I met Mar Cardenas a couple of weekends ago at a Coffee Party meeting. I knew she was one of the main organizers of a car caravan to Phoenix to protest the new Arizona immigration law, SB 1070. She is an energetic woman in her mid-forties who has a huge heart, a leader in the local Unitarian Universalist church, who also is the granddaughter of Lázaro Cardenas, one of the great former presidents of Mexico – in fact the FDR of our southern neighbor.
On Friday, May 28th, she and about a hundred others departed from Chicano Park on their way to cross the desert and arrive in Phoenix for a protest rally and march to the Arizona state capital today. I had asked to send us messages that we could post, and she replied that she is one of the drivers and it would be difficult for her to communicate with us.
Another caravan left Santee later in the day, also bound for the protest.
Mar left the following message on her facebook:
“Off to the rally where we will Stand on the Side of Love in opposition to SB 1070 & other anti-immigrant, piecemeal laws, and in support of comprehensive, humane immigration reform!! Again, please hold good thoughts that the rally will be peaceful & respectful, allowing people to engage in productive dialog about comprehensive immigration reform.”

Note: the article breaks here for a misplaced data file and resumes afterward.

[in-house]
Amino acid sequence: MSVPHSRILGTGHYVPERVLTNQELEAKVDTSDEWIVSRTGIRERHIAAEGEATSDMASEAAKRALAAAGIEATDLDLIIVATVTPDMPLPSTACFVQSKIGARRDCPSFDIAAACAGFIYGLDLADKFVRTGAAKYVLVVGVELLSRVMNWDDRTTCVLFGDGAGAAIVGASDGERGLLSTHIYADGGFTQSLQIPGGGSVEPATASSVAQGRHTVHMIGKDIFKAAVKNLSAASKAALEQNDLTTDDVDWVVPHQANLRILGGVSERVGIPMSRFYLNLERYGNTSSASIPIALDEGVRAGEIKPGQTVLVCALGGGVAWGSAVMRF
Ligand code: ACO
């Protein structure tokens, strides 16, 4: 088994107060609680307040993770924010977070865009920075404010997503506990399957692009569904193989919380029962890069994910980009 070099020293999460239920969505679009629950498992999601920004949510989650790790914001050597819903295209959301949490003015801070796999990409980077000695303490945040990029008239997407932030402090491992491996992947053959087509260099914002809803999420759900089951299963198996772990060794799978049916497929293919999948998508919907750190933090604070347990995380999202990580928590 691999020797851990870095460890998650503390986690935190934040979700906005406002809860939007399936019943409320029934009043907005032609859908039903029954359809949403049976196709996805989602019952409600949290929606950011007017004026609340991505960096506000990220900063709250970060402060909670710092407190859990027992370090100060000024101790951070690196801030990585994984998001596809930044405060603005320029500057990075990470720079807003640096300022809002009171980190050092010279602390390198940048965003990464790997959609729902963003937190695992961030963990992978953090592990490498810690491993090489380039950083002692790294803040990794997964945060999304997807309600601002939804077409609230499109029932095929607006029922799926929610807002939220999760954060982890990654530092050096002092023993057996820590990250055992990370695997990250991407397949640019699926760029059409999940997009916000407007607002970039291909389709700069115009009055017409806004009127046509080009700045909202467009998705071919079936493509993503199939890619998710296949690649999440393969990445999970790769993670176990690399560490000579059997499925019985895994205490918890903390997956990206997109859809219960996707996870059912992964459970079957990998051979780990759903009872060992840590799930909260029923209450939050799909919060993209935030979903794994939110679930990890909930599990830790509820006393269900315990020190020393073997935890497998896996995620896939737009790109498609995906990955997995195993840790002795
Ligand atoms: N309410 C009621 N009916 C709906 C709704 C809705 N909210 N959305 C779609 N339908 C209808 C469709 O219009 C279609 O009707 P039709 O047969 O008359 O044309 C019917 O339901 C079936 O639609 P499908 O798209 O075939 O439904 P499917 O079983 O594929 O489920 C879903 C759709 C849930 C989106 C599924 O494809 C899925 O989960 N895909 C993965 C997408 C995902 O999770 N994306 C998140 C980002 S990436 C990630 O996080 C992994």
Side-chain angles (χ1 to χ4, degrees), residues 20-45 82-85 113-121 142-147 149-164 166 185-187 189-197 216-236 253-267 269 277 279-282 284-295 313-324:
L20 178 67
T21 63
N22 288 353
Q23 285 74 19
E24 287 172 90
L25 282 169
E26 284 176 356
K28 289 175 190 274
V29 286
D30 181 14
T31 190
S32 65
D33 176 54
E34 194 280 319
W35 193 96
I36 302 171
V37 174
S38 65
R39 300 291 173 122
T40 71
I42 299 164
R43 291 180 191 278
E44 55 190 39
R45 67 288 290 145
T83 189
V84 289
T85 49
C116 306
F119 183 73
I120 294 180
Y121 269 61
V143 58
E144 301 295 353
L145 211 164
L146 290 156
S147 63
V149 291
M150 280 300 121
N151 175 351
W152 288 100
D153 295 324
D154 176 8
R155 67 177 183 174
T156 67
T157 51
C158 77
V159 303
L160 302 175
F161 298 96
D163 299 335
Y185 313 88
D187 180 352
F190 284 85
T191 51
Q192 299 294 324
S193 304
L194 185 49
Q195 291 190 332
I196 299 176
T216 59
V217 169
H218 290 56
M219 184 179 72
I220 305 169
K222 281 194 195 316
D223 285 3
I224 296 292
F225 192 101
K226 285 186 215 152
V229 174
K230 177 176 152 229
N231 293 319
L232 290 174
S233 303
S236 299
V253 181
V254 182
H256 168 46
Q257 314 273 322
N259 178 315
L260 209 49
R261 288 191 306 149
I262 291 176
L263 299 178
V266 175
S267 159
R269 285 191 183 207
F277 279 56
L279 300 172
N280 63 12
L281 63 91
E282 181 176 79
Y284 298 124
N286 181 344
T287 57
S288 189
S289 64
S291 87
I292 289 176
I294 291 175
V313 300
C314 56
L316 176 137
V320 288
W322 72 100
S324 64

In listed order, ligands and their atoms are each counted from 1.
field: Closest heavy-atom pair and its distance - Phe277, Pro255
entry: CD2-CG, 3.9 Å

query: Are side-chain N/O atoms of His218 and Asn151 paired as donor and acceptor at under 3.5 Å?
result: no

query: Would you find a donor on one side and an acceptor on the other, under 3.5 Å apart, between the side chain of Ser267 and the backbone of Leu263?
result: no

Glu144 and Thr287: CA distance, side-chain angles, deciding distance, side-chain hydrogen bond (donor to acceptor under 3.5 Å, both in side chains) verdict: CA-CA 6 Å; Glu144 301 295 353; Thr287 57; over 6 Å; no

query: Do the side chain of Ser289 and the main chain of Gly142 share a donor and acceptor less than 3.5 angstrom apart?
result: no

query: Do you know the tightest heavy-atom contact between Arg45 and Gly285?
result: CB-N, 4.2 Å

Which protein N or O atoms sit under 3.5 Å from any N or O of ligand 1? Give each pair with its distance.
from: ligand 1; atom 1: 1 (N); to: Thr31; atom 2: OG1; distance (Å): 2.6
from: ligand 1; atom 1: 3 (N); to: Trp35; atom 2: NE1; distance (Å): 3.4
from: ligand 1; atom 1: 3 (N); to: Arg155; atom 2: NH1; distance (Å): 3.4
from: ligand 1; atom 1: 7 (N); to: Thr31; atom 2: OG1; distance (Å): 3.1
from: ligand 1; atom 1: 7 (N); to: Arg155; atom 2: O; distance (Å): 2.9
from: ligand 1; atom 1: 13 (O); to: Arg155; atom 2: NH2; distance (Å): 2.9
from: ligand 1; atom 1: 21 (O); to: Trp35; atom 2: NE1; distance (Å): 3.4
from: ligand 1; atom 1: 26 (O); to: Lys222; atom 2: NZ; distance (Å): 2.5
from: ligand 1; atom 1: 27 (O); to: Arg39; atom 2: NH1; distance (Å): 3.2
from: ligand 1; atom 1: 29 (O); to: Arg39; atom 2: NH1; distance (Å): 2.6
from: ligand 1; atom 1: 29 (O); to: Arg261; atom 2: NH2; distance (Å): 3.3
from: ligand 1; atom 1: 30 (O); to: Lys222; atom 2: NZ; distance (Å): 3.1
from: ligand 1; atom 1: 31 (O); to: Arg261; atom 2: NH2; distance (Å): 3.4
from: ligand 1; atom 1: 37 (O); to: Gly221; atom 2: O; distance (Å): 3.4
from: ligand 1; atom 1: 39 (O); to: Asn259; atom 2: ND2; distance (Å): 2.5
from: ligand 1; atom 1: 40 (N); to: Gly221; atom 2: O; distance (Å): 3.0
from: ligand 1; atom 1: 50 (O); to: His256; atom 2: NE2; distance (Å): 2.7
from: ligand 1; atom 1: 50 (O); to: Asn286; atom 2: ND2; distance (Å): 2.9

Mar was also quoted in today’s Union-Tribune:
Some opponents of the law support a boycott of Arizona, so they are trying to stay in private homes, churches, and donated warehouse space. Businesses have donated food, said Mar Cardenas, an organizer of the San Diego caravan.
“The response has been amazing,” said Cardenas, who is with the Unitarian Universalists of the South Bay, a campus of the main church in Hillcrest.
Here is the full U-T article:
Locals heading to Arizona for rallies
By Leslie Berestein / Union-Tribune / May 29, 2010
Rallies in Phoenix to show opposition to and support for Arizona’s anti-illegal immigration law begin this weekend, and people from San Diego County are headed there to participate.
A group that left Friday ?is going to rally against the law, which was signed last month, while those leaving next weekend will rally in favor of it.
Both groups are trying to send a message to the federal government to take a stand on immigration.
The Arizona law, which empowers local police to check individuals’ immigration status, has reinvigorated the immigration debate, putting pressure on Washington to tackle the contentious issue.
An estimated 100 people who oppose the new law left Friday evening from Chicano Park to caravan to Arizona. They represent community, church, union and other groups and intend to march five miles with an expected crowd of several thousand from a downtown park to the state capitol.
For the remainder of the article, go here.